Is there a glass ceiling for women in tech?

The label “woman in tech” seems redundant these days — after all, how many women would refer to themselves as “a female engineer” or “the company’s female CTO”.

However, there still exists a disparity in the pay scales and ability to climb the career ladder between men and women working in the technology sector. But do these barriers represent an impenetrable glass ceiling for women workers when it comes to rising through the ranks?

Despite some major recruitment drives to entice women and girls into a career in tech, it seems they then leave at an alarming rate. In fact, more than half of women in tech have already gone by the mid-point of their career, according to a study by the Center for Work-Life Policy.

According to a new report released this month, there are three main reasons why women leave the tech sector — but also lots of simple things companies can do to get them to stay in the industry and move into senior positions.

The findings show quite clearly that it is not up to women alone to shatter the glass ceiling that exists in the sector, but also in the power of the companies who employ them.

The Women in Technology Survey by Capital One, conducted by global public opinion and data company YouGov, polled a national sample of 250 women who have remained in tech careers at least eight years and risen to senior roles, as well as a further 200 who had left the industry after three or more years.

In the study’s findings, 23% of respondents cited weak management support (23%), lack of opportunity (20%) and lack of work-life balance (22%) as the main reasons women leave the industry.

Women still face challenges that make it difficult to stay in tech careers. The research found that even those women who chose to stay in tech careers cited limited opportunity for advancement (27%), unfair compensation compared to peers (25%) and little support from management (22%) as factors that led them to consider leaving the industry at some point in their careers. In fact, only 27% of women in tech said they never considered leaving their tech careers.

Julie Elberfeld, SVP, Card Tech and Executive Sponsor of Diversity and Inclusion for Technology at Capital One, said: “There’s a myth that women don’t belong in tech because they don’t like the work.

“The data from this study shows that intellectually challenging work, in combination with peer and management support, fair compensation and flexibility, can provide the right environment for women in technology to cultivate senior level careers.”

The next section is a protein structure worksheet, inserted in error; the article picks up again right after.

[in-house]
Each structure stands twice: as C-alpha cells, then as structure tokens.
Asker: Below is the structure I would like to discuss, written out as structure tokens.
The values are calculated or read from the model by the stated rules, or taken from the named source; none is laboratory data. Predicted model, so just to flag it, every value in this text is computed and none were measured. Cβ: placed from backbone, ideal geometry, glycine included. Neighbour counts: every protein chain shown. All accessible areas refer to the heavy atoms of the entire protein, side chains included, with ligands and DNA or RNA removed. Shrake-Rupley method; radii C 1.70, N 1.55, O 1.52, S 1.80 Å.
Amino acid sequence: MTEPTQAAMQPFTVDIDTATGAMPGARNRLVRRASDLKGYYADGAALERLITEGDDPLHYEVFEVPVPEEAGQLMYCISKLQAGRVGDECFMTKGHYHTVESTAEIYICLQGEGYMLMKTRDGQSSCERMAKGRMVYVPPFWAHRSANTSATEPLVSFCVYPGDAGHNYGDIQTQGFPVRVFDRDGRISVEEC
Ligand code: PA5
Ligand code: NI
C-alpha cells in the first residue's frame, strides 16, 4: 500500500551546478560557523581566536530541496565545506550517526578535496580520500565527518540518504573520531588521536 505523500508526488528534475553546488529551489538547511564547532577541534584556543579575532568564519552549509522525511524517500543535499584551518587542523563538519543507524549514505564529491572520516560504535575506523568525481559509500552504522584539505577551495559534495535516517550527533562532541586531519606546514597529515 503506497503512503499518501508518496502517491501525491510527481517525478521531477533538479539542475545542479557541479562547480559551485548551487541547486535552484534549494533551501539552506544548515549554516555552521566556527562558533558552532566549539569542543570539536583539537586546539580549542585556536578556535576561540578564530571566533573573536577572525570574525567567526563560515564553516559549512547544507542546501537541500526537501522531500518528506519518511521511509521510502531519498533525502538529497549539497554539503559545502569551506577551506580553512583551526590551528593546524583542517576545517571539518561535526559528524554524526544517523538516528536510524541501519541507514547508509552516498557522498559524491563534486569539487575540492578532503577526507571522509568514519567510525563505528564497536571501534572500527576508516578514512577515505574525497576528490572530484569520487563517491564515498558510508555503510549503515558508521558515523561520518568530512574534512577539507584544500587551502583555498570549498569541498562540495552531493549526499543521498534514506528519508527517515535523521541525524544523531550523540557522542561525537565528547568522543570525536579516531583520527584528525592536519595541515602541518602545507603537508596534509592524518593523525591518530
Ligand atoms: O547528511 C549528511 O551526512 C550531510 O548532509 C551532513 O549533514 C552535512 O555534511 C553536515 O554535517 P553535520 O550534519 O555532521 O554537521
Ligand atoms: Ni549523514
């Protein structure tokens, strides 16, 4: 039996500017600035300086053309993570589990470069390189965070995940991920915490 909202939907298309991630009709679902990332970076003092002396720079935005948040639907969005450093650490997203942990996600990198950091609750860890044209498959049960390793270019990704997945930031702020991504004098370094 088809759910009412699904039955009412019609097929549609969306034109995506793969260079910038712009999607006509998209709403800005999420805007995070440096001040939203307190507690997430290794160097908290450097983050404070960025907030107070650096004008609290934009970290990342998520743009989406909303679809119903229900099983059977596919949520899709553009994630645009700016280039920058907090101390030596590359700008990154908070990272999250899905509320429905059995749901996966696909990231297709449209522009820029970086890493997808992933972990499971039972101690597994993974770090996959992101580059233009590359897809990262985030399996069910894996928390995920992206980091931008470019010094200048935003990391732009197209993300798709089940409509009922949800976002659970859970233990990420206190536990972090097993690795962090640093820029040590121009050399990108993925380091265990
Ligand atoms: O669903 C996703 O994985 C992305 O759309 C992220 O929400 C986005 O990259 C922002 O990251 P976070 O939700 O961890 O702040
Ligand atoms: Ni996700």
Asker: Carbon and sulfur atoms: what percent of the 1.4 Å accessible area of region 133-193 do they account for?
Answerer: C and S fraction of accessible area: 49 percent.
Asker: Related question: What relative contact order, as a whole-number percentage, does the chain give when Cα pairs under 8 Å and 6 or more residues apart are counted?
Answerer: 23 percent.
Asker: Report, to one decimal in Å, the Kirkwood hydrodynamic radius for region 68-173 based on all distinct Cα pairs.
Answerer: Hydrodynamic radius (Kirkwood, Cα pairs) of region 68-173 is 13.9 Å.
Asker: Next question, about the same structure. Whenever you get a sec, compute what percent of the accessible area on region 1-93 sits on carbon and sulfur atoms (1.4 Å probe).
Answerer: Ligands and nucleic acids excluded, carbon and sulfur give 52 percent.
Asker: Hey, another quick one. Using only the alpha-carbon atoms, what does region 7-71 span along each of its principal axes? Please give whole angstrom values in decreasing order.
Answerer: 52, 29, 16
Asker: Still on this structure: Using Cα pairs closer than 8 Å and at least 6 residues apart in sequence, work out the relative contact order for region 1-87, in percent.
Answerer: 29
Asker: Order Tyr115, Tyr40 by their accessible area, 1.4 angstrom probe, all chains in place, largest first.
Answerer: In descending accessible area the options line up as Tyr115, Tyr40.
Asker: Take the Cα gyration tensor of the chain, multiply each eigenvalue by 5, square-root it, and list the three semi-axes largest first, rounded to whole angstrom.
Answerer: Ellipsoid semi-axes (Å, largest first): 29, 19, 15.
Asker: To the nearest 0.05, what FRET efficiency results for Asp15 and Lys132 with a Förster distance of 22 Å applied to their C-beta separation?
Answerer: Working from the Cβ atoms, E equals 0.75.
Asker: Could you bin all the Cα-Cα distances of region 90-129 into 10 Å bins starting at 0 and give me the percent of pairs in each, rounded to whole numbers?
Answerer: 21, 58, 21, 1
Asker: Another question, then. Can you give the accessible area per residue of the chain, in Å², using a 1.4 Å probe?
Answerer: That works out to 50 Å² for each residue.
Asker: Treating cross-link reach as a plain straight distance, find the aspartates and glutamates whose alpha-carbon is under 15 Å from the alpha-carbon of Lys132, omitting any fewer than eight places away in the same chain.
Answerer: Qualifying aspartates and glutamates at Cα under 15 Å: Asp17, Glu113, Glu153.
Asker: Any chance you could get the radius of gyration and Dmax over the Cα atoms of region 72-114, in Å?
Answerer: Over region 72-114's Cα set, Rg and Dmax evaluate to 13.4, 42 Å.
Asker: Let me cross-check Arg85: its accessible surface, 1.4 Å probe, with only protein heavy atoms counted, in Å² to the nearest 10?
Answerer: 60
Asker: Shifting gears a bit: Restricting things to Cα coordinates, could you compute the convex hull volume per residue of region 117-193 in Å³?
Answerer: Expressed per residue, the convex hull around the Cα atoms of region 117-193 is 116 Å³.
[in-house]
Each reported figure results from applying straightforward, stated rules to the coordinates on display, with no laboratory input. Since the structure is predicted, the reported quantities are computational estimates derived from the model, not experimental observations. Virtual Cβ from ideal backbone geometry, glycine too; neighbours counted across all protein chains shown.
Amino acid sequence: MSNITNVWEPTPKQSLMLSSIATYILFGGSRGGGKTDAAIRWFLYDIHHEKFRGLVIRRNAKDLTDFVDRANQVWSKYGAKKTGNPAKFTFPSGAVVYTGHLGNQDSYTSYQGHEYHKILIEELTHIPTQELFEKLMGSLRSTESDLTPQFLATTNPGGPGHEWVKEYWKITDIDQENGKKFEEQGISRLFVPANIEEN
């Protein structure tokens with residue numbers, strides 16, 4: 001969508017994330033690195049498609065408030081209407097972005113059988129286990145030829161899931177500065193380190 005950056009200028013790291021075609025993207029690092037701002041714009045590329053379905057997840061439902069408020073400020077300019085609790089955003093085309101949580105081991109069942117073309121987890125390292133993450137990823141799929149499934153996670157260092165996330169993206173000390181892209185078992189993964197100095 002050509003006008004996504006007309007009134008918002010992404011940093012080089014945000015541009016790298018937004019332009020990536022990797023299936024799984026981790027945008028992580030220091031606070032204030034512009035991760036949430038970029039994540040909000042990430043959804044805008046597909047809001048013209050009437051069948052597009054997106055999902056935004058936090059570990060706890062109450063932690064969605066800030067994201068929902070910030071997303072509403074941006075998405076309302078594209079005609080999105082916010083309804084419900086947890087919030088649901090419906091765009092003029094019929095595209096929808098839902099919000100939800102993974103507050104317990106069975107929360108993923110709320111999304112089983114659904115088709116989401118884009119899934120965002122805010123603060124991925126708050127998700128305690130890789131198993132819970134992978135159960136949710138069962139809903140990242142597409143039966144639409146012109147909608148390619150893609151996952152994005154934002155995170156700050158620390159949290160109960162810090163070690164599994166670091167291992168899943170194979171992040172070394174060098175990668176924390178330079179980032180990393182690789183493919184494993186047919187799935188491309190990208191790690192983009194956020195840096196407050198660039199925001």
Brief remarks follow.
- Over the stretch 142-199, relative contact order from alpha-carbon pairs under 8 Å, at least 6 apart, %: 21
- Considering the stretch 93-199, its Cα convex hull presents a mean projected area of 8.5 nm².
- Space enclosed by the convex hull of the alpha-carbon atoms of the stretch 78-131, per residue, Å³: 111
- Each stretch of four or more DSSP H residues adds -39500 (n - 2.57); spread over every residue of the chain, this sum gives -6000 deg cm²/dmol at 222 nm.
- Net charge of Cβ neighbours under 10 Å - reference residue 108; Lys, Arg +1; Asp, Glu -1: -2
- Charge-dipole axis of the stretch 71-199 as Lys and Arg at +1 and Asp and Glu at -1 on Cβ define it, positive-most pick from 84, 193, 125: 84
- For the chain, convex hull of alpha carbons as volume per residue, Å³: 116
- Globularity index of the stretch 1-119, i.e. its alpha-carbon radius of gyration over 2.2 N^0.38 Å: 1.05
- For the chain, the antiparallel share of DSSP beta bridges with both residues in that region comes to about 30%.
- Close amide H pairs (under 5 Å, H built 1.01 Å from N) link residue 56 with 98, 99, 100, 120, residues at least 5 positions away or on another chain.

But there’s hope on the horizon, according to the report, if employers pay attention to the findings and listen to the voices of those surveyed. After all, a large proportion of them occupy senior roles and so are well-placed to advise companies on how best to support and encourage female employees so they will not just remain but thrive in their chosen field.

“Our research reveals ways companies can encourage women to stay in the industry, which is critical for building a diverse and inclusive workforce essential to driving innovation,” said Margaret Mayer, MVP, Software Engineering, Messaging and Emerging Technology at Capital One.

“Equal pay and work-life flexibility are just the start. Companies should also give women challenging work that draws on their grit and problem-solving abilities, and which gives them a sense of purpose. Then support them with the right training, mentorship and opportunities for peer networking.”

The women surveyed who had been in tech for more than eight years and attained senior roles said the main reason they stayed in the industry was that they were good at their jobs (56%), followed by their enjoyment of working with other technologists (44%) and love of the work itself (43%). Fair and good compensation (41%) and flexibility to achieve work-life balance (39%) were also top drivers.

Julie Elberfeld said: “Women leave the tech industry because of real and valid challenges, yet when we only talk about those stories, we paint a picture of experiences that don’t reflect the success of women who stayed.

“By uncovering the x-factors that contribute to the success of those women, we hope to inspire more women and girls to enter and stay in meaningful and rewarding tech careers.”

Some organisations have already got a hammer in their hands and are making cracks in the glass ceiling for female techies.

Earlier this year, the Women Tech Council released their so-called Shatter List, showcasing 46 technology companies that are accelerating removing the glass ceiling for women in tech through creating and enacting impactful programs and cultures to create inclusivity.

The list reviews and rates the development and successful implementation of holistic, organization-wide practices to create inclusive cultures where women can contribute and succeed.

“No matter the size or type of technology company, having high-performance teams where men and women can contribute and succeed drives success at every level of the organization,” said Cydni Tetro, WTC president.

“Highlighting and explaining these practices accelerates progress for the entire tech industry by amplifying the programs that are making real strides in creating more gender inclusive cultures and propelling their impact further to help organizations throughout the tech sector grow closer to breaking the glass ceiling.”

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